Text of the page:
Tech Should Enable Change, Not Drive It

By Matt Dallisson, 22/10/2020

Hiroshi Watanabe/Getty Images

The world is changing in rapid, unprecedented ways, but one thing remains certain: as businesses look to embed lessons learned in recent months and to build enterprise resilience for the future, they are due for even more transformation. As such, most organizations are voraciously evaluating existing and future technologies to see if they’ll be able to deliver the innovation at scale that they’ll need to survive and thrive. However, technology should not be central to these transformation efforts; people should.

If the Covid-19 pandemic has shown us one thing, it’s that people aren’t anonymous elements of a large organization’s many layers. People are the organization — its most important and powerful asset. The pandemic, while undoubtedly an enormous global crisis, also serves as a live demonstration of how human ingenuity, resourcefulness, and diversity of experience — combined with the technological tools of the day — can create solutions, ideas, and business models for the future, solving problems at scale and changing industries overnight.

The smartest, most nimble, and most innovative enterprises will be Human Enterprises where “business transformation” is in fact people-led transformation aided by technology: where humans sit at the center, ensuring that technology and innovation meet genuine needs. In this way, a Human Enterprise drives both short-term and long-term value for the organization and individuals within it, as well as across the wider business ecosystem for all stakeholders along the company’s value chain. As the front line of any organization, humans must be the ones driving the technology, assessing the value of the technologies being introduced and deployed to ensure long-term success and effective change.

Examining the challenges and opportunities that lie ahead.

Companies that place humans at the center — while leveraging technology at speed and enabling innovation at scale — accelerate the value they create in the long-term, while making strides to reframe and thrive in the future. So, how do you build a Human Enterprise? There are four critical approaches:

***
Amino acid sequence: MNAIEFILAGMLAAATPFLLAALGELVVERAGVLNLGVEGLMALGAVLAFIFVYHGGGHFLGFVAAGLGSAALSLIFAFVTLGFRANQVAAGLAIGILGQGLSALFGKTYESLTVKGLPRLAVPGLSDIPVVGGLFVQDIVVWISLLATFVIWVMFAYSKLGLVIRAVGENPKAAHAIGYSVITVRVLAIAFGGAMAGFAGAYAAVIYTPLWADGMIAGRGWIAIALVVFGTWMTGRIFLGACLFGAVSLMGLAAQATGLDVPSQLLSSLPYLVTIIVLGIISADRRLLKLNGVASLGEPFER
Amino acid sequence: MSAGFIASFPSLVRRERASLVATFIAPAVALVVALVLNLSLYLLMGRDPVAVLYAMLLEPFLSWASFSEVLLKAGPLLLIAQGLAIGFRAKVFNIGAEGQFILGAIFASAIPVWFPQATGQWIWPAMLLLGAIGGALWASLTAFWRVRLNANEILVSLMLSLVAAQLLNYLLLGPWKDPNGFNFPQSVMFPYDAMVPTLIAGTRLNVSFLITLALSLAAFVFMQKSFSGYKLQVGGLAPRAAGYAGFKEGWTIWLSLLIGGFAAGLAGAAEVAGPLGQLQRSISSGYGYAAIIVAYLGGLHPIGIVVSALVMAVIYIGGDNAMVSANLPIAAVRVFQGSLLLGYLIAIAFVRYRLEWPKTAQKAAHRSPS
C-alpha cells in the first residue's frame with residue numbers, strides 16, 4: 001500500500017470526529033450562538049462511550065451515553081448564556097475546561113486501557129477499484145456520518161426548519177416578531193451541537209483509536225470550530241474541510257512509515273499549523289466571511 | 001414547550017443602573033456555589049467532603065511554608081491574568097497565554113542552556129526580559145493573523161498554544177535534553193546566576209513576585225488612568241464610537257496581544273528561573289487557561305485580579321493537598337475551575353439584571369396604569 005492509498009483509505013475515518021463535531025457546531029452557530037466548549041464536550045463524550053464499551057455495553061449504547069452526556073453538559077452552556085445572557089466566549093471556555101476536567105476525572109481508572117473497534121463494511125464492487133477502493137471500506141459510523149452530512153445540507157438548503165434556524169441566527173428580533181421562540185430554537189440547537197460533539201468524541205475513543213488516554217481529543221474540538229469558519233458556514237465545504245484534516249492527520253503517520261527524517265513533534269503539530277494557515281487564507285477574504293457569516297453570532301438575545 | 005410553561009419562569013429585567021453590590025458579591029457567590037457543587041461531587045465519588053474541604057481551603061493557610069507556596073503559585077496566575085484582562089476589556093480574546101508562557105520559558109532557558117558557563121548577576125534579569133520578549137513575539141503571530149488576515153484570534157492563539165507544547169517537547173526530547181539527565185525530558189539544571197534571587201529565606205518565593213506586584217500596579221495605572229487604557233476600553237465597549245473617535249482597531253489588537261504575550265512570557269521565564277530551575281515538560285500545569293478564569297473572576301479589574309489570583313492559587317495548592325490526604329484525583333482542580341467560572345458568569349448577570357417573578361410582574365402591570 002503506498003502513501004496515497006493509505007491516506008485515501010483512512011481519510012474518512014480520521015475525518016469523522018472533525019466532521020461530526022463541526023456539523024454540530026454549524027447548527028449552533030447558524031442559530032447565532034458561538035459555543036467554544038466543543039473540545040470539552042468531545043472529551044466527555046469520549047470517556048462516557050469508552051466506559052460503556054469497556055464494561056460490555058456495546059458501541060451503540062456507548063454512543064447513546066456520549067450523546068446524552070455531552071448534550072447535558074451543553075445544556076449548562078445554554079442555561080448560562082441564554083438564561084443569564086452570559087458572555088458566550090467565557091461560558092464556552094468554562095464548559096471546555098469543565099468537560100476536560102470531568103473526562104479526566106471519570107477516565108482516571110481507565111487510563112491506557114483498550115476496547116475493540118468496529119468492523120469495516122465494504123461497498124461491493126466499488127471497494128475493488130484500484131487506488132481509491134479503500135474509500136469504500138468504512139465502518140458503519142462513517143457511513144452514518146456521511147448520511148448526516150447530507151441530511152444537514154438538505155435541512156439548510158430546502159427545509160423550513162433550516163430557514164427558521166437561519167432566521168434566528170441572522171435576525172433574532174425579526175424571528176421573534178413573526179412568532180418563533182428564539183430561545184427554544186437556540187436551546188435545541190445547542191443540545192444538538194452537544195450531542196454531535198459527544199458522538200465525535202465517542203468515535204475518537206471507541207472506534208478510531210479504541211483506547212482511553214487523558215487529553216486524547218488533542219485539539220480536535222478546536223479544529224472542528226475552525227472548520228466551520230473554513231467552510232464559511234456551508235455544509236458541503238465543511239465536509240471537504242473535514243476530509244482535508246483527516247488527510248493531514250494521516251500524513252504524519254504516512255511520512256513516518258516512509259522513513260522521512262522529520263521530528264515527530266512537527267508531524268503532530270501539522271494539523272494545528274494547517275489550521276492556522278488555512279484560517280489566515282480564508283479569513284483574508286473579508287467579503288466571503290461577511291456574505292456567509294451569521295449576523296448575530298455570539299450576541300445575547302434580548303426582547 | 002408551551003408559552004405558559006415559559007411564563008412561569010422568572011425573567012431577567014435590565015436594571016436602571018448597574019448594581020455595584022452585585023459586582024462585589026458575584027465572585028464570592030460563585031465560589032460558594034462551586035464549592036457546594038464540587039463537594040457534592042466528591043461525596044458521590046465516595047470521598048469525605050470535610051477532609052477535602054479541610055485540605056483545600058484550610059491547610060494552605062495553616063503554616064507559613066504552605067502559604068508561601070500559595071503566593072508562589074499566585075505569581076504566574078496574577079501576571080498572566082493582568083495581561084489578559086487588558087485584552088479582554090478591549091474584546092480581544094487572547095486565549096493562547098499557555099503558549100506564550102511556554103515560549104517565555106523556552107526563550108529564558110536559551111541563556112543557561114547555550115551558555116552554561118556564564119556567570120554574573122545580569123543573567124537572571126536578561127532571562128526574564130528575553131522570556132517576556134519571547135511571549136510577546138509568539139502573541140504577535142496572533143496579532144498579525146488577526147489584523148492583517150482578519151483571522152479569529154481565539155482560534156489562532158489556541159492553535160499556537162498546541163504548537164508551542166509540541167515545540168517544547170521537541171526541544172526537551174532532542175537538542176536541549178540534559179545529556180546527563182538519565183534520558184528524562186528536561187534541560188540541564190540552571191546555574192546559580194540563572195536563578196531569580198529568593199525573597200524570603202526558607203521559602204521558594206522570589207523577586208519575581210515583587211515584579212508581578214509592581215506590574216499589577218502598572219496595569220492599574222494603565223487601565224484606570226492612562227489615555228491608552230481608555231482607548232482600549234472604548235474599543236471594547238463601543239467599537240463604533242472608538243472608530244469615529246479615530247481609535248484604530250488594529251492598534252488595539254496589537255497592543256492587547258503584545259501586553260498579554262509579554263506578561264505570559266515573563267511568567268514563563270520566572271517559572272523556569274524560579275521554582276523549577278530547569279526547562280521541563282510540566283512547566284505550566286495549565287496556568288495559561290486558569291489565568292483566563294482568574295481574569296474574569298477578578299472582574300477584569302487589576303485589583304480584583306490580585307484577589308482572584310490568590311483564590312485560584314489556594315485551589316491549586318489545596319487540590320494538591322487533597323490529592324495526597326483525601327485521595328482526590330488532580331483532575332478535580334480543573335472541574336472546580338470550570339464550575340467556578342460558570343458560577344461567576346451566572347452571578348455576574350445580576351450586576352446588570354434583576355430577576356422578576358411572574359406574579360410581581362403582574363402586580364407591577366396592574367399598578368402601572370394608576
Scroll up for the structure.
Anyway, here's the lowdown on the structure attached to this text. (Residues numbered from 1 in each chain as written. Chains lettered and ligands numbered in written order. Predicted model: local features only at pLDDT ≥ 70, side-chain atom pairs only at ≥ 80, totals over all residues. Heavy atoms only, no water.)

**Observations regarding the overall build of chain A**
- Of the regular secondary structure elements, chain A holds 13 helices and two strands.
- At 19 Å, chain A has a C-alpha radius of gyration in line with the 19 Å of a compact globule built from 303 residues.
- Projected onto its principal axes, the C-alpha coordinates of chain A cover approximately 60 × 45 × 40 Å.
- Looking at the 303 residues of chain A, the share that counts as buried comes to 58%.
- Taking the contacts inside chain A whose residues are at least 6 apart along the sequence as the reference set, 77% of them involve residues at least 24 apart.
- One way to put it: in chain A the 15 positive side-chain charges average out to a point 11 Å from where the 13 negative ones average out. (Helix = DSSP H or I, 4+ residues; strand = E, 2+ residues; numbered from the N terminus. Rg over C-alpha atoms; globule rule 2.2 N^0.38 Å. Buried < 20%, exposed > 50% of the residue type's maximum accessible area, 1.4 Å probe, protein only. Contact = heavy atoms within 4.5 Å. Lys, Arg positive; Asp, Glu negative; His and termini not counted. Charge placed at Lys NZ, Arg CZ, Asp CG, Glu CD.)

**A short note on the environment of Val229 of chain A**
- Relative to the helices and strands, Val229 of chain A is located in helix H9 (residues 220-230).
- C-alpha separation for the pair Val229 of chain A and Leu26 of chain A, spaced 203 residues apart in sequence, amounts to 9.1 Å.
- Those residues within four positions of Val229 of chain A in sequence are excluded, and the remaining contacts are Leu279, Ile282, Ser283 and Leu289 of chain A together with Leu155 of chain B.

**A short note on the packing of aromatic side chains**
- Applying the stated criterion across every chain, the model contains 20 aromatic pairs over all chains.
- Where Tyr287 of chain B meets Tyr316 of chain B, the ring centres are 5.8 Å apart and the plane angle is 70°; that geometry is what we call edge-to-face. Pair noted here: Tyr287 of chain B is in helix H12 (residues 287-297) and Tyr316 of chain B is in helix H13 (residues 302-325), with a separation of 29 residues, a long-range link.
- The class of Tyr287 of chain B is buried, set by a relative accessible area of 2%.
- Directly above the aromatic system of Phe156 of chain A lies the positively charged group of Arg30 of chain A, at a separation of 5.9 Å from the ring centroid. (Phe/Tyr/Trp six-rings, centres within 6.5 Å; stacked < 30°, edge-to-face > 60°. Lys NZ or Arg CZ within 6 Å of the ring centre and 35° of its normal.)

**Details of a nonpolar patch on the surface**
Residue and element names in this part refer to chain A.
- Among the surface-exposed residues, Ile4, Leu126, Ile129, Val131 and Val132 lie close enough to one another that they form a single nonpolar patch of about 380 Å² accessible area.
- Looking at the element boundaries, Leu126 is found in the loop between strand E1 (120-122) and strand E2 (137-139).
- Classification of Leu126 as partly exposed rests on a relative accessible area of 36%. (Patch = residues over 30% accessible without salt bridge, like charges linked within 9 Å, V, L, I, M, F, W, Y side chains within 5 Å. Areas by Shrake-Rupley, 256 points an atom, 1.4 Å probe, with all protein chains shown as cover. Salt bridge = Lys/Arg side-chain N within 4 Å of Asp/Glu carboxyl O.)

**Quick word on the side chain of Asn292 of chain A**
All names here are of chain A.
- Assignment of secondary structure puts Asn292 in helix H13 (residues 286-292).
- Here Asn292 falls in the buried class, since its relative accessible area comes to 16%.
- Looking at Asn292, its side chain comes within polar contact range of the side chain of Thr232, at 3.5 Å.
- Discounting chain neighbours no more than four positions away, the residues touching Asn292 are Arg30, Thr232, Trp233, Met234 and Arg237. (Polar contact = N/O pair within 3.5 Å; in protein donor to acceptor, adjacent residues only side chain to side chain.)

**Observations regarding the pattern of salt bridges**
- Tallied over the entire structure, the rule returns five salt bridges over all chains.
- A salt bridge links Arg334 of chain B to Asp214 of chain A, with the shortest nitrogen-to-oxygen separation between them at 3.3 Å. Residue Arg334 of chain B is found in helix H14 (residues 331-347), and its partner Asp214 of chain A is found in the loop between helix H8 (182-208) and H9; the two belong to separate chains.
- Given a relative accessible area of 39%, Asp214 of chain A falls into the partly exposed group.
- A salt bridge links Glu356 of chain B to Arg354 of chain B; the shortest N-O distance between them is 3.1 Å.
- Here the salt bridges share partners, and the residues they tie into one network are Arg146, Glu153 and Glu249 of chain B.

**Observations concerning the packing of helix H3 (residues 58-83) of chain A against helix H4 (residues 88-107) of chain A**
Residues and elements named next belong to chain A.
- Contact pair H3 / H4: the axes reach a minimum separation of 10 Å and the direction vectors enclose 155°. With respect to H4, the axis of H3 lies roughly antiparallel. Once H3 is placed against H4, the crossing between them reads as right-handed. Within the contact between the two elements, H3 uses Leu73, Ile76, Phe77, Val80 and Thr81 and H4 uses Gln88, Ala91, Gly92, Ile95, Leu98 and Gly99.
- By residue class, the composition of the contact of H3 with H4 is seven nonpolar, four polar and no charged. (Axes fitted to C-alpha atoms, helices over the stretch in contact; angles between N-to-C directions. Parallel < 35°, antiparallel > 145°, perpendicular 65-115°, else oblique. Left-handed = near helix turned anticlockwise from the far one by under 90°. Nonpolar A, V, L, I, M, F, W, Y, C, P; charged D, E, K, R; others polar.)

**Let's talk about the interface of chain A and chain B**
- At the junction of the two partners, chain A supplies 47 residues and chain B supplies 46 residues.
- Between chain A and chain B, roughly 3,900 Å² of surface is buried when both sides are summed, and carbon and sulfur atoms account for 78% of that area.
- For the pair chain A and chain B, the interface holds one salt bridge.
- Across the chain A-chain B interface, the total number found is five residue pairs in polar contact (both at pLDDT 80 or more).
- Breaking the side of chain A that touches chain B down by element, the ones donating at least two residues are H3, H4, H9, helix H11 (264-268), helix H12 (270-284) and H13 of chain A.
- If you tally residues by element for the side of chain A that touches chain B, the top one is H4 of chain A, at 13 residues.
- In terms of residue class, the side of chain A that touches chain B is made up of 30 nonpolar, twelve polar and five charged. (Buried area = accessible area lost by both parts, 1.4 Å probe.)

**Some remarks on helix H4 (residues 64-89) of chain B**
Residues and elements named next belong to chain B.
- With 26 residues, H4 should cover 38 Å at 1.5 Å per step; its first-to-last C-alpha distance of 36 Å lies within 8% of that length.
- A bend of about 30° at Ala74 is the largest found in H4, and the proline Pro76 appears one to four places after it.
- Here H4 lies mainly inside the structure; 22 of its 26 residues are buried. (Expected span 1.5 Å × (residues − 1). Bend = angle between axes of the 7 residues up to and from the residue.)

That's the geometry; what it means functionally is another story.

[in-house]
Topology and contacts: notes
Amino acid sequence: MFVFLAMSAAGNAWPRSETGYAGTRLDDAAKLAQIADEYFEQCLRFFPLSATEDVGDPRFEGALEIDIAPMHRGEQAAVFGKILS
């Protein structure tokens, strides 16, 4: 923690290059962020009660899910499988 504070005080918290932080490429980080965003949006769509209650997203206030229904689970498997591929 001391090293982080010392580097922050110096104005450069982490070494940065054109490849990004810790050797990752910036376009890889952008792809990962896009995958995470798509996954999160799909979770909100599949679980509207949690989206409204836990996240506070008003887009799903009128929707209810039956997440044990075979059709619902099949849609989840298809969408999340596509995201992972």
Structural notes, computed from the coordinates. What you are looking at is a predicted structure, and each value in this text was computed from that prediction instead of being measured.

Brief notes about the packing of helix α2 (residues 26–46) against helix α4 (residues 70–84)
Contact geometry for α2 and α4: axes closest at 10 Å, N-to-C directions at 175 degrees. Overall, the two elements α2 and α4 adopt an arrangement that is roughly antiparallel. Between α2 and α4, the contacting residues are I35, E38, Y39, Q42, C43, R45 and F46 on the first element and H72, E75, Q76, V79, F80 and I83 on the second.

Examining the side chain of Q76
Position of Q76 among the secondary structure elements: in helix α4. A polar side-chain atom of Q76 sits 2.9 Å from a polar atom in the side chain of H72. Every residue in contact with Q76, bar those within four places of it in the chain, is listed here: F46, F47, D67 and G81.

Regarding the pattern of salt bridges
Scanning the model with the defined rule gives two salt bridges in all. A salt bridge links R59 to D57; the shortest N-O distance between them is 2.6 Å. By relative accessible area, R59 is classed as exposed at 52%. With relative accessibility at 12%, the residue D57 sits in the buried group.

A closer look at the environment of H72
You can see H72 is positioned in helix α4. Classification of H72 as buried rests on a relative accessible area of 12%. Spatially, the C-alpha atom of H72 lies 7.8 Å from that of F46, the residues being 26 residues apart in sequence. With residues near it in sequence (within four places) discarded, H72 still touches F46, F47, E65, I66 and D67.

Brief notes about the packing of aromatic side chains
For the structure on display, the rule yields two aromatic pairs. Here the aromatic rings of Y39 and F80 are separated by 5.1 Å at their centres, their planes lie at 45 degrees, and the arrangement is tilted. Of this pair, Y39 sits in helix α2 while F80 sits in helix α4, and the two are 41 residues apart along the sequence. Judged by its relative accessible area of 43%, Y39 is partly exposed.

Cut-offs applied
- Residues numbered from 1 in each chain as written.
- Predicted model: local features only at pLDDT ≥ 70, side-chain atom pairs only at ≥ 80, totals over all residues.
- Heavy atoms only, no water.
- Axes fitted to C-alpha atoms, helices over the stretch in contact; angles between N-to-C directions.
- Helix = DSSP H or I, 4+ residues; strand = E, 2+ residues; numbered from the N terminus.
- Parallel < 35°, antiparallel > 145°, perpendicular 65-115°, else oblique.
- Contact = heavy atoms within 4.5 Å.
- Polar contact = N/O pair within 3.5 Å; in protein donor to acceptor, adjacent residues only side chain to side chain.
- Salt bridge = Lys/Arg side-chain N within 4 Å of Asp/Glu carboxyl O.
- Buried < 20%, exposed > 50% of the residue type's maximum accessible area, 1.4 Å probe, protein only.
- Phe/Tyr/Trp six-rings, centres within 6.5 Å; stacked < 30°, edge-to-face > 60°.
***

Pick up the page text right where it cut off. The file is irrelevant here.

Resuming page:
Ultimately, the benchmark for successful technology comes down to whether it’s helping the humans in an organization do what they need to do. Businesses that want to continue to deliver value and help ensure enterprise resiliency in this time of rapid change should aim to become Human Enterprises — putting humans and their needs at the center of their strategies, values, processes, and operations, with technology serving as an enabler rather than a driver of change.

There’s an iconic scene in the classic movie, 2001: A Space Odyssey, where one of its characters, the HAL 9000 computer, comes to its own decisions that conflict with astronauts on a mission. It’s a powerful and eerie image of humanity being overwhelmed by technology. In today’s landscape of rapidly evolving mass automation, shifting consumer expectations, regulatory pressures, and the continual threat of disruption from new tech-driven competitors and business models, the technology has changed, but the anxiety remains the same. As the world becomes more tech-centric by the minute, humans must drive change and direct technological investment and adoption.

Both the Covid-19 crisis and the global response to societal inequities and injustice have shown that focusing on people and their needs — both within the organization and externally — can help to ensure that companies are making it a top priority to consider the potential impact of business decisions on all stakeholders. A Human Enterprise recognizes that transformation is a constant evolution, not a fixed destination. Just as business leaders today need to keep an eye on what’s coming, even as they battle today’s challenges, a Human Enterprise keeps adapting without being held back by legacy technologies, systems, and processes.


This content was originally published here.